According to one report, digital transformation in the UK has accelerated by five years due to Covid-19
Anthony Tattersall, head of EMEA at online learning platform Coursera, discusses how digital technology is being used by organisations in the UK to fuel the country’s economic recovery.
With the Covid-19 pandemic forcing companies to transition to a digital-first environment, employees and businesses are having to adapt to new realities.
The new world of work is in a state of flux.
Realising this, many organisations are stepping up their digital transformation efforts.
But our 2020 Global Skills Index report (GSI), which draws on performance data from 65 million learners across 60 countries and provides a critical lens into the future of industry and learning, indicates the UK is struggling to keep up with the rest of the world.
The country ranks 23rd for technology skills and 24th for data science skills globally.
Meanwhile, Europe as a whole is a skills powerhouse compared to the rest of the world.
Countries like Russia (topping the rankings at number one for both technology and computer science skills), Belarus (ranked 2nd globally for technology skills and 3rd for data science skills) and Switzerland (3rd globally for technology skills and 2nd for data science skills), appear well-equipped to ignite this post-pandemic innovation boom, according to GSI.
But in the UK, nowhere is this shortage more apparent than in the consumer goods industry – one of the hardest hit by the pandemic.
As life moved online, workers were left to wonder when they would return to work, or if their jobs would still be there at all.
Employers needed to quickly develop the tools and means necessary for operating entirely online.
And with the lagging 23% of skills proficiency in technology, the industry has struggled to adapt.
In other industries, the situation is much the same. And perhaps most worrying of all is the fact that even before the pandemic, the UK was already seriously struggling to hire talent with relevant technology and data science skills.
According to research by the Recruitment and Employment Confederation, nearly half of all employers reported concern over the talent pool drying up in the years ahead. The pandemic will only heighten these challenges.
In an attempt to help, we’ve seen ventures such as Digital Boost offer UK organisations and charities affected by the pandemic access to digital skills for their employees through Coursera.
The problem is real. According to McKinsey research, the combined productivity gap caused by low digitisation could mean a loss of £100bn ($128bn) to GDP in Great Britain.
In the meantime, pressure is growing on Rishi Sunak to extend the UK furlough scheme to avert a wave of job losses for roles that no longer have a future.
How some organisations are using technology to fuel the economic recovery in the UK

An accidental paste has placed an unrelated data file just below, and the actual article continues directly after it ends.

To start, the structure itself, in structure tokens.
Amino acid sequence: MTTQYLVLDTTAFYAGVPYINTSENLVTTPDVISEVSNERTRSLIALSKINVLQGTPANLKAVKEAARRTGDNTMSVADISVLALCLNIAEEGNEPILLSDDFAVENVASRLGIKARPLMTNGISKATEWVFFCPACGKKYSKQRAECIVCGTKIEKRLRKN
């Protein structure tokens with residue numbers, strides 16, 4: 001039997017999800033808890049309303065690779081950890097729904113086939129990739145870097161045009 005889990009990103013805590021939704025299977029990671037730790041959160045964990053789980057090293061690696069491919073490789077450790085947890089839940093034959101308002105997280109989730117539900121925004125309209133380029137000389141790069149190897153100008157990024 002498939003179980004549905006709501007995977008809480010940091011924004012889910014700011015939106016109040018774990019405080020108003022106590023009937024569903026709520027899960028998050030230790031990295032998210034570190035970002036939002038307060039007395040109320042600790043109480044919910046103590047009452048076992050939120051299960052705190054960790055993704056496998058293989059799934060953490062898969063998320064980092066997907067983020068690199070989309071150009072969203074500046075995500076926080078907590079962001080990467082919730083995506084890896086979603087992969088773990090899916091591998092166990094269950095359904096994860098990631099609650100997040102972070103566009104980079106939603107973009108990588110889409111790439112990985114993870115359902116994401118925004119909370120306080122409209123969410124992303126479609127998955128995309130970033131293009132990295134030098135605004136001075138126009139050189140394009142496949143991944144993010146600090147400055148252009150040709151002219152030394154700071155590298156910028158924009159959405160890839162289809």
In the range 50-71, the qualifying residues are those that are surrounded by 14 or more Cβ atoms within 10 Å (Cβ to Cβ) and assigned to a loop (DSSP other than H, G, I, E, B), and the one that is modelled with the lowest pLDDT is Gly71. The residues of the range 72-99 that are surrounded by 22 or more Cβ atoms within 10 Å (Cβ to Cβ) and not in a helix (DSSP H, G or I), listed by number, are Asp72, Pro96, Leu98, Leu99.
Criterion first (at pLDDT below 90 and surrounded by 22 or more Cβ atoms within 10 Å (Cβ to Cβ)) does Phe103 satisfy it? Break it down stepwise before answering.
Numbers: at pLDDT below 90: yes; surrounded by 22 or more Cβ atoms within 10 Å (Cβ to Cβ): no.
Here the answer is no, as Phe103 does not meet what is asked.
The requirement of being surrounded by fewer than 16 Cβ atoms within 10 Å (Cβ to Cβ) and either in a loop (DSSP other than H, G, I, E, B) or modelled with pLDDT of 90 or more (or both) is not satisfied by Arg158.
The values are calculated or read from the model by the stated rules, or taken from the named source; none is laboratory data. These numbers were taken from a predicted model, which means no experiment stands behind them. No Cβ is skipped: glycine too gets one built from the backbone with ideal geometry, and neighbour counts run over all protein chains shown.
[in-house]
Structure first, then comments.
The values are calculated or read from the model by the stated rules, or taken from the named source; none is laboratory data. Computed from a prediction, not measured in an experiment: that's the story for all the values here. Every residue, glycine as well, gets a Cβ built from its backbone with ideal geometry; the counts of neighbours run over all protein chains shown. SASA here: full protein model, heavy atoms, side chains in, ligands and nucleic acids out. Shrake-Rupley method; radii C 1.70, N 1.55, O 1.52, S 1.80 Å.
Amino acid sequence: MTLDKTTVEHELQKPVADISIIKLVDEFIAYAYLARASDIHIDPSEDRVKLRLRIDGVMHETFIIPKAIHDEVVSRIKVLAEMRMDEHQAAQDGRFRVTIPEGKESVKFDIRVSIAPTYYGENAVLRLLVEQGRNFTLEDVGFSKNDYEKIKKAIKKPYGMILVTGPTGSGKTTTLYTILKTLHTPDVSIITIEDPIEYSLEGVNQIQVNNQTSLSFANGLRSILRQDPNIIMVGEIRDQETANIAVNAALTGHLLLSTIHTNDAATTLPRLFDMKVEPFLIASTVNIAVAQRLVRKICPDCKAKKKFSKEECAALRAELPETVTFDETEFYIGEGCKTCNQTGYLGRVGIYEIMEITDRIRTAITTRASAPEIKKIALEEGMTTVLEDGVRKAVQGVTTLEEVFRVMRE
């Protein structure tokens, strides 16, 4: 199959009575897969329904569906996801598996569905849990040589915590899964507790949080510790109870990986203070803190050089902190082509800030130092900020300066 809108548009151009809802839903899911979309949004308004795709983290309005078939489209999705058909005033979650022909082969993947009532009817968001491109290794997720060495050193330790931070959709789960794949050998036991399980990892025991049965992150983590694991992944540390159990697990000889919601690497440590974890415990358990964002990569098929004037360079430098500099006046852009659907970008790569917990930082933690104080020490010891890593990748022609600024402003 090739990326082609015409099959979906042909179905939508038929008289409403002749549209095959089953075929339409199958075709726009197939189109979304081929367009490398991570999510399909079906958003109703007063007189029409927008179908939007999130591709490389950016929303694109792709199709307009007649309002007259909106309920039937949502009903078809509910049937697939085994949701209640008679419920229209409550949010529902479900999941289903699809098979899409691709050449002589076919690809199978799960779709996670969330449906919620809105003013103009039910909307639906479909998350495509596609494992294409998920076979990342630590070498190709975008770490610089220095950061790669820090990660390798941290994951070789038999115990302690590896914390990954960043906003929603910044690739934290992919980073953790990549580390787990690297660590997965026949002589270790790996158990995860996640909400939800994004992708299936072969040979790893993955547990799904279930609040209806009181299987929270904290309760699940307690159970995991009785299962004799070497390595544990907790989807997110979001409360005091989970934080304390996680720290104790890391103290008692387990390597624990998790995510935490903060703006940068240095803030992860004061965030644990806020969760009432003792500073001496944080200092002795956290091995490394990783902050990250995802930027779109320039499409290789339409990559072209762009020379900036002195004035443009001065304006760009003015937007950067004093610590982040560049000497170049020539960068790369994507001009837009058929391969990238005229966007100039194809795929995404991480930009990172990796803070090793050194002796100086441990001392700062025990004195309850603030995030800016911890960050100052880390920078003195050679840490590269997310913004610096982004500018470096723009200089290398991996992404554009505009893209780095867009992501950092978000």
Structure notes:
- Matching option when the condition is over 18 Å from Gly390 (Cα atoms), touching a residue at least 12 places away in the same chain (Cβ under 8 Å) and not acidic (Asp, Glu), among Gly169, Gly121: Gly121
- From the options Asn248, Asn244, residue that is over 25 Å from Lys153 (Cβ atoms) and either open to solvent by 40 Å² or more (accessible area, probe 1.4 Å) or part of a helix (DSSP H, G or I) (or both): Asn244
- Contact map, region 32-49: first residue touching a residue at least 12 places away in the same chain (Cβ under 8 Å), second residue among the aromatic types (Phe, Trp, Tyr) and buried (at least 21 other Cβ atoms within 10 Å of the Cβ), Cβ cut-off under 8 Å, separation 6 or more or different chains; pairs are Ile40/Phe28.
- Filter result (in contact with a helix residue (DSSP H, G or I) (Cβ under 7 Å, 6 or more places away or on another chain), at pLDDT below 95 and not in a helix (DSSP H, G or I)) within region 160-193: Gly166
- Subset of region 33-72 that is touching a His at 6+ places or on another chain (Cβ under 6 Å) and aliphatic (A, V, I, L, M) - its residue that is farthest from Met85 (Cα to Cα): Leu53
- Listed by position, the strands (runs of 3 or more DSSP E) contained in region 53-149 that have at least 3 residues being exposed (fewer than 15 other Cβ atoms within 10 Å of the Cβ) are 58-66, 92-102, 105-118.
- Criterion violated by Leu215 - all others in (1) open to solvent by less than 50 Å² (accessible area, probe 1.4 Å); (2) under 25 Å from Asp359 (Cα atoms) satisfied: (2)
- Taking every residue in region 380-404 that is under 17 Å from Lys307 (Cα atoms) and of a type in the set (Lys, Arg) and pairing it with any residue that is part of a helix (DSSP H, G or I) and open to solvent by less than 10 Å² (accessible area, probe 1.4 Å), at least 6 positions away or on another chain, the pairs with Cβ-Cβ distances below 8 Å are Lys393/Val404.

As these challenges grow, one thing is becoming increasingly apparent – to prepare for the digital future, job-relevant training is necessary.
Businesses and governments around the world will have an important role to play in its provision alongside traditional education institutions.
And with Education Secretary, Gavin Williamson’s recent announcement that the UK Government will be reversing its commitment to get 50% of England’s young people into university, there’s never been a better time to rethink the ways we invest in learning and development in this country.
Traditional on-campus teaching will need to be complemented with high-quality, online courses that are more widely accessible and flexible to everyone, encouraging life-long learning.
Investing in flexible learning pathways and empowering people with the tools they need to adapt will be crucial to ensure everyone has equal opportunities.
The good news is we’ve seen some fantastic initiatives stand out this year.
For example, the University of London’s (UoL) online Computer Science Bsc is helping learners upskill and reskill in different and more accessible ways.
Since launching last year, four in ten learners reported starting but not completing an undergraduate degree before entering UoL’s Computer Science Bsc, and almost two in ten reported being high school leavers.
There are several pathways to access this BSc, including the Google IT Certificate, which require no prior experience in technology to complete.
Google has also recently launched three new six-month career certificate programmes that teach candidates how to perform in in-demand jobs at a fraction of the cost of college degrees and with no prior experience required to enter.
The three new programmes are in high-demand roles such as Project Management, Data Analysis and UX Design.
There are inevitably going to be many individuals forced to reassess their skillsets; upgrade, or even completely relaunch their careers in the coming months and years.
We must rethink the country’s educational infrastructure and modernise it to address inequities and tackle the digital skills deficit.
By utilising our GSI report, we hope to inspire institutions across the country to coordinate skills development for a more inclusive and advanced workforce.
Together we can re-envision training and jobs as a vehicle for growth and prosperity